There's also a great section on how North Korea leads the world in almost everything, including being the freest and most advanced democracy in the world. And how Kim is brilliant and just everybody loves him. This is hilarious, far the funniest thing I've seen on the web.


  1. You're right! Now this is more like it!

    At least if DPRK news is going to be full-blown propaganda, it might as well be totally, laughably funny!

    There;s nothing Supreme Leader Kim Jong-Un can't do!

    Now if Harper could only be half the man Jong-Un is!

  2. To embrace fracking is to embrace our own future slavery.

    Why? Because it maintains the status quo of imbalance in our society.

    It also comes with a psychological effect communicated by our esteemed leaders that we can't do any better.

    We know the energy giants buy-out better technology to suppress it from wider, public use. This is not fiction but a simple provable fact.

    For instance, my 1966 Volvo literally averaged 30 miles per gallon on the road. Literally, not figuratively. Its engine was designed in 1963.

    Transport Canada's fuel reports for new cars are based upon running under optimal conditions such as on a stationary dynamo conducted in a sterile lab with no wind resistance, no load, or tire friction.

    50 years later, do we as a driving public even average 30 miles to the gallon?

    Who killed the Electric Car is a good documentary on this subject. The 1990's EV-1 all-electric-car was just too good a vehicle. That's why it had to be destroyed.

    Even Jay Leno for instance, has an all electric vehicle from the 1920's in his collection. New York city was slated to have recharging stations back then.

    Almost a hundred years later, sure, a few workers in New Brunswick will get jobs today from the fracking industry, but in the end, it will only serve to keep political and corporate power in the hands of just a few, and ensure to make matters down the road worse.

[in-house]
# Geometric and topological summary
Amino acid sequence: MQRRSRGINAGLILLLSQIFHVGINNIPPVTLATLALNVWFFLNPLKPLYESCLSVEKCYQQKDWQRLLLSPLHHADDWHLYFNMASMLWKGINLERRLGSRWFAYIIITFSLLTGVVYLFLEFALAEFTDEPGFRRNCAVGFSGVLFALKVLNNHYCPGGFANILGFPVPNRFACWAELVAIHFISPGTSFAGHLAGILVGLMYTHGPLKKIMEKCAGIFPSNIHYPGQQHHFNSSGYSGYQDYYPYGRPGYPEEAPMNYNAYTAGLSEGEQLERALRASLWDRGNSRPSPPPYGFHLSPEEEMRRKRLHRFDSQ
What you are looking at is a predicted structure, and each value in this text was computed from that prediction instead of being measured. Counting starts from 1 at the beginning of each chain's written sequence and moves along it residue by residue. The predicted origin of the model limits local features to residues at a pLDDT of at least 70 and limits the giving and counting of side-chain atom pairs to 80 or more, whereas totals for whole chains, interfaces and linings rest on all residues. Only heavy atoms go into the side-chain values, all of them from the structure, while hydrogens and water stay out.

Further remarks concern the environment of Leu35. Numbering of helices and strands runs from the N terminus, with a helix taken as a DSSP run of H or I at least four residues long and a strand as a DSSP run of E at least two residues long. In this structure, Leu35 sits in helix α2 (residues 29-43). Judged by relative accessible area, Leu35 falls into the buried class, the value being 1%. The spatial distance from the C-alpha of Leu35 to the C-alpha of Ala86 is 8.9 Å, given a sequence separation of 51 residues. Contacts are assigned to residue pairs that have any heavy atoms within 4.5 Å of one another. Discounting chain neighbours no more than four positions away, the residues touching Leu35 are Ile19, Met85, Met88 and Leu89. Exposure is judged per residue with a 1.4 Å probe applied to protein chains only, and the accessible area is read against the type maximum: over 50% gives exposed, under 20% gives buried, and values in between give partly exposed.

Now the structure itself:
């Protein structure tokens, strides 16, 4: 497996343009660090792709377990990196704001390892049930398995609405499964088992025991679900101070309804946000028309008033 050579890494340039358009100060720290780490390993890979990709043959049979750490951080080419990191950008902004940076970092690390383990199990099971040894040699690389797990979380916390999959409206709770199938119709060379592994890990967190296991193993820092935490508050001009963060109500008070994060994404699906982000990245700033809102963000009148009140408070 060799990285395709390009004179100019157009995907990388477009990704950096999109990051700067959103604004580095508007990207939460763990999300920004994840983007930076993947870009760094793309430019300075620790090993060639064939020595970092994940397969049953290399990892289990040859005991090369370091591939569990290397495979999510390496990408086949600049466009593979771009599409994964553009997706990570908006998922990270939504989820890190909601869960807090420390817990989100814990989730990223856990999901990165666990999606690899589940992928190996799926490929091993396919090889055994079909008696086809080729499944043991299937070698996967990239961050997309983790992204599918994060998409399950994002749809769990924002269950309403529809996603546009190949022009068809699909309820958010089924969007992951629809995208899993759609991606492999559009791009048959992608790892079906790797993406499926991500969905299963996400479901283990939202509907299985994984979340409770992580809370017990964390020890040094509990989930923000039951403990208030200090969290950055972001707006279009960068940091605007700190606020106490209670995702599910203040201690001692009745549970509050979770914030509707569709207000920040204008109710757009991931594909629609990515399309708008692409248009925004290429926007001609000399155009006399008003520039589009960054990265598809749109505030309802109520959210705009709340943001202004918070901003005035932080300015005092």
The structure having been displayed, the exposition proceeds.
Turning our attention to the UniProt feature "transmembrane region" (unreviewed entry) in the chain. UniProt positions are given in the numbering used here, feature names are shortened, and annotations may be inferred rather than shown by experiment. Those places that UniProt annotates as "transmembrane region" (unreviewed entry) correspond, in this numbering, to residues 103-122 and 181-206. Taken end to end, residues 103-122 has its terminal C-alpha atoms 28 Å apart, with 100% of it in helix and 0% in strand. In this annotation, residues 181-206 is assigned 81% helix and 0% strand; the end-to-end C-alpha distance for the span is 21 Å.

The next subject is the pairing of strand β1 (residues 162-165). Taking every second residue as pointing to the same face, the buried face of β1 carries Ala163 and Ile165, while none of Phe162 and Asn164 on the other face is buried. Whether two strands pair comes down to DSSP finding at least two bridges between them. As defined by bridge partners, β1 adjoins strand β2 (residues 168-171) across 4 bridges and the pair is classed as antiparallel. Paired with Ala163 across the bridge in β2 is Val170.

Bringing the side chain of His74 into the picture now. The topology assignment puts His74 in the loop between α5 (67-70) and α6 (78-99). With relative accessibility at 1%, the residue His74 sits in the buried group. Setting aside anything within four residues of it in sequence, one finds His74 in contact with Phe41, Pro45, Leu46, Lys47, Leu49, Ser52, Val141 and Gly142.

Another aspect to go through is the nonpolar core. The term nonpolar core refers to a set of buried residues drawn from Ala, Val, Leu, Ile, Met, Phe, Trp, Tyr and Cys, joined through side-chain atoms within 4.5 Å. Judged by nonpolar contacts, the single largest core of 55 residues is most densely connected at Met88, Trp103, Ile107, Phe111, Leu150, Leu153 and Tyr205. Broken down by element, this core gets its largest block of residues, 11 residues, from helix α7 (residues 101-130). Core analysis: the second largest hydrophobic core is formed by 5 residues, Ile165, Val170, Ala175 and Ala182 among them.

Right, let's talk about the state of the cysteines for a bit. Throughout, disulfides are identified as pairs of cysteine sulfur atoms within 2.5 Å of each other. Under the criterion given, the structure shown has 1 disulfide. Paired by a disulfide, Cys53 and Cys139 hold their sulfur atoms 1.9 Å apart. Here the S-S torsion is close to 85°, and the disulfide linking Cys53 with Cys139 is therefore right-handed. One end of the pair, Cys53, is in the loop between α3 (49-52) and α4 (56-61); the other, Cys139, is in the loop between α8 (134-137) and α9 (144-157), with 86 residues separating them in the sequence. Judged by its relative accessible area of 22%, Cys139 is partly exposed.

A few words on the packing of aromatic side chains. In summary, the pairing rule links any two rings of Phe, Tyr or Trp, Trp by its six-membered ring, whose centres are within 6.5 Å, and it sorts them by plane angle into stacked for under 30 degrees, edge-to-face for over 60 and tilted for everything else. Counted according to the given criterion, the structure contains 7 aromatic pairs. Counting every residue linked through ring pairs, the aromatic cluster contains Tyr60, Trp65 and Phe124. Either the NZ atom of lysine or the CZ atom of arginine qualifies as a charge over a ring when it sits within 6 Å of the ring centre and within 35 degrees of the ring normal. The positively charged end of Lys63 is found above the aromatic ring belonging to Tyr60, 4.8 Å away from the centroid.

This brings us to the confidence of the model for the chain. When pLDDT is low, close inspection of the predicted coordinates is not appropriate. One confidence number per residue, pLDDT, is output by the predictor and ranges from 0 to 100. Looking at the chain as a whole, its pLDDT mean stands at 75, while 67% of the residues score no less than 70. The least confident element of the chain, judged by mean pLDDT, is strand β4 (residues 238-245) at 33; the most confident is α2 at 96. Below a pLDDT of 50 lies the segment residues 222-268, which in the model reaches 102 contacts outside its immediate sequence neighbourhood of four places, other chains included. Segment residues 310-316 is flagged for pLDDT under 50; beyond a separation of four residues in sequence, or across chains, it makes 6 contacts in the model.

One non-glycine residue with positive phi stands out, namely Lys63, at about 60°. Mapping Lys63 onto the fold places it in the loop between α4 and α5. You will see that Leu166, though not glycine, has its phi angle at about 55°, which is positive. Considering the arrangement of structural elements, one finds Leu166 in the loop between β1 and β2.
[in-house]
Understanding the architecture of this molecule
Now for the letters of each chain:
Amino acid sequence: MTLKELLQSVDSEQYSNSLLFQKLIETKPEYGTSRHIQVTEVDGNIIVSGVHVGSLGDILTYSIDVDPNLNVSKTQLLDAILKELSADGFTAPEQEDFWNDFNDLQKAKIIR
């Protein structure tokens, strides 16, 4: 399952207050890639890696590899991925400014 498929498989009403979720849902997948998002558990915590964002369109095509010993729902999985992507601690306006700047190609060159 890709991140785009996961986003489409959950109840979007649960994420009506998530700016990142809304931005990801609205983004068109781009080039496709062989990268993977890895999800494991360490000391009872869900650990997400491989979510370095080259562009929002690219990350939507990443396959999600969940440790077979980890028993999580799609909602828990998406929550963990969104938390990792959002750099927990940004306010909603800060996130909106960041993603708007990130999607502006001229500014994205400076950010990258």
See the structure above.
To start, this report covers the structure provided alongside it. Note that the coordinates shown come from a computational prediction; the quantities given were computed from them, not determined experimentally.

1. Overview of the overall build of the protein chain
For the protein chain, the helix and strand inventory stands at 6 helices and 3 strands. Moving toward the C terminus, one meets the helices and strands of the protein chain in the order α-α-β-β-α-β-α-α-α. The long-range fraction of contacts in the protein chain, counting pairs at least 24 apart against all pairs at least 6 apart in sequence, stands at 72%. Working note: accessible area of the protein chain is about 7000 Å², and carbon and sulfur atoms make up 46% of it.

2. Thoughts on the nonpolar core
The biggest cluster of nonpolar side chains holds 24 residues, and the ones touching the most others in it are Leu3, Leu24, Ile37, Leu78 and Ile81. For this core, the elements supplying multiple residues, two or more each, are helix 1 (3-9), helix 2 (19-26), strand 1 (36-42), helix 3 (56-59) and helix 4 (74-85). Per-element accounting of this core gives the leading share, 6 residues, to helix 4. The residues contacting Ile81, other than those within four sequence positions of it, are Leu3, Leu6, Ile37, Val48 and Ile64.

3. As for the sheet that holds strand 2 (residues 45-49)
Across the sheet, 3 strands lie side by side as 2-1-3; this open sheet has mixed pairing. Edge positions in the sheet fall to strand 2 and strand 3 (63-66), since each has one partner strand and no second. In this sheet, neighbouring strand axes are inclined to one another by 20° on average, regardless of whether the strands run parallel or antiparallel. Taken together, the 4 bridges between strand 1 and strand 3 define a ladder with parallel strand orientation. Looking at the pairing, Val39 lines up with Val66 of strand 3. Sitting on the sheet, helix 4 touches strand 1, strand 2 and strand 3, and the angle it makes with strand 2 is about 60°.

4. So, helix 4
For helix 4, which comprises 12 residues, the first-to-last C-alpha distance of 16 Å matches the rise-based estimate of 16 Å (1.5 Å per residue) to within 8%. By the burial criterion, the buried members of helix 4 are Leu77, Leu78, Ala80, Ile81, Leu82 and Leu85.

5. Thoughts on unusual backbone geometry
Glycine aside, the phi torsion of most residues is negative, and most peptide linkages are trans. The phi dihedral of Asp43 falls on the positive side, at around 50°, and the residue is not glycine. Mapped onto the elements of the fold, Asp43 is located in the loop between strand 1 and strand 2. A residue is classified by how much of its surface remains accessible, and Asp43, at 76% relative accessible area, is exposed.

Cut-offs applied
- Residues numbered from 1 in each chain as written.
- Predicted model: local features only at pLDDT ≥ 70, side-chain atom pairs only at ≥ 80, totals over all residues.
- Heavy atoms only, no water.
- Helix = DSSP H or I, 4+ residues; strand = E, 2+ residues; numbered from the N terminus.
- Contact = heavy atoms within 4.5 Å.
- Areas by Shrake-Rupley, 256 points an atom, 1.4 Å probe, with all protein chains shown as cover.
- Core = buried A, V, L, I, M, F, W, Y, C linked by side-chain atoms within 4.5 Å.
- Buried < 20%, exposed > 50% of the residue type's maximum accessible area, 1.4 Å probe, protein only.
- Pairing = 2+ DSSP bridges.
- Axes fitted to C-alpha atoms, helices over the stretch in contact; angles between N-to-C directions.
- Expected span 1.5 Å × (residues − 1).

This is the inevitable outcome as collusion between certain government officials and certain corporations will become further intertwined.

    And with this happening in enough provinces, or states, the ability of better technology to make it to market cannot have a fair incentive to flourish, nor will democracy ever.

  3. You might want to check out the CBC for some actual stories.

    A pertinent one is that an access to information request showed just how closely the federal government was monitoring the protest in New Brunswick. The whitewash has already begun as they claim that 'violence was necessary after police cars were set on fire' and they 'had' to deal violently with people who couldn't be dealt with peacefully. Which isn't even close to protestors account.

    On another story, the University of Moncton, or was it UNB, I forget, anyway, released its 'lucrative' contract with its president. I love the constant reasoning that "we need the money to attract good people". You know, LOTS of companies have 'good people' who they rave about, but don't pay them a fraction of that amount. I really fail to see what great leadership any university in NB has shown on, well, anything.

    And more pertinent to our other conversation, I notice that Charles Leblanc's blog has disappeared. Its still early to speculate, but it was operating normally yesterday. The only other time this occurred was when the government had it shut down years ago.

    However, in this case it was probably the police, who Charles frequently refers to as 'pedophiles' on the absurd logic, well, I won't go into it.

    Anyway, THAT claim was so insane that anybody with half a brain knows it wasn't true, but Charles has been a thorn in the Fredericton Police's side since they harassed him with the libel charge.

    Now, THERE is the 'strong arm of the law' coming down on somebody. But again, Charles certainly gave them the ammunition for it. What is sad is that ALL the content is gone, and this was easily the most public place for what was going on. It was certainly the only place that was in any way critical of the police force, and sadly there was also tons of other content which just covered events and people in downtown fredericton.

    Maybe I'm wrong on that, but once again it remains to be seen whether the Fredericton Police's strong arm tactics bite them on the butt. I'm not positive, but I"m pretty sure that a person can set up their own blog outside blogger and set it up in some third world country and rant even MORE than previously. But again, Charles didn't do himself any favours, but for the conspiracy minded, perchance this has something to do with the election? Charles covers lots of events...including the election, which now really has no popular blogs talking about it. Charles has already interviewed numerous politicians, and with his anti fracking stance, perhaps its not JUST the police that shut him down!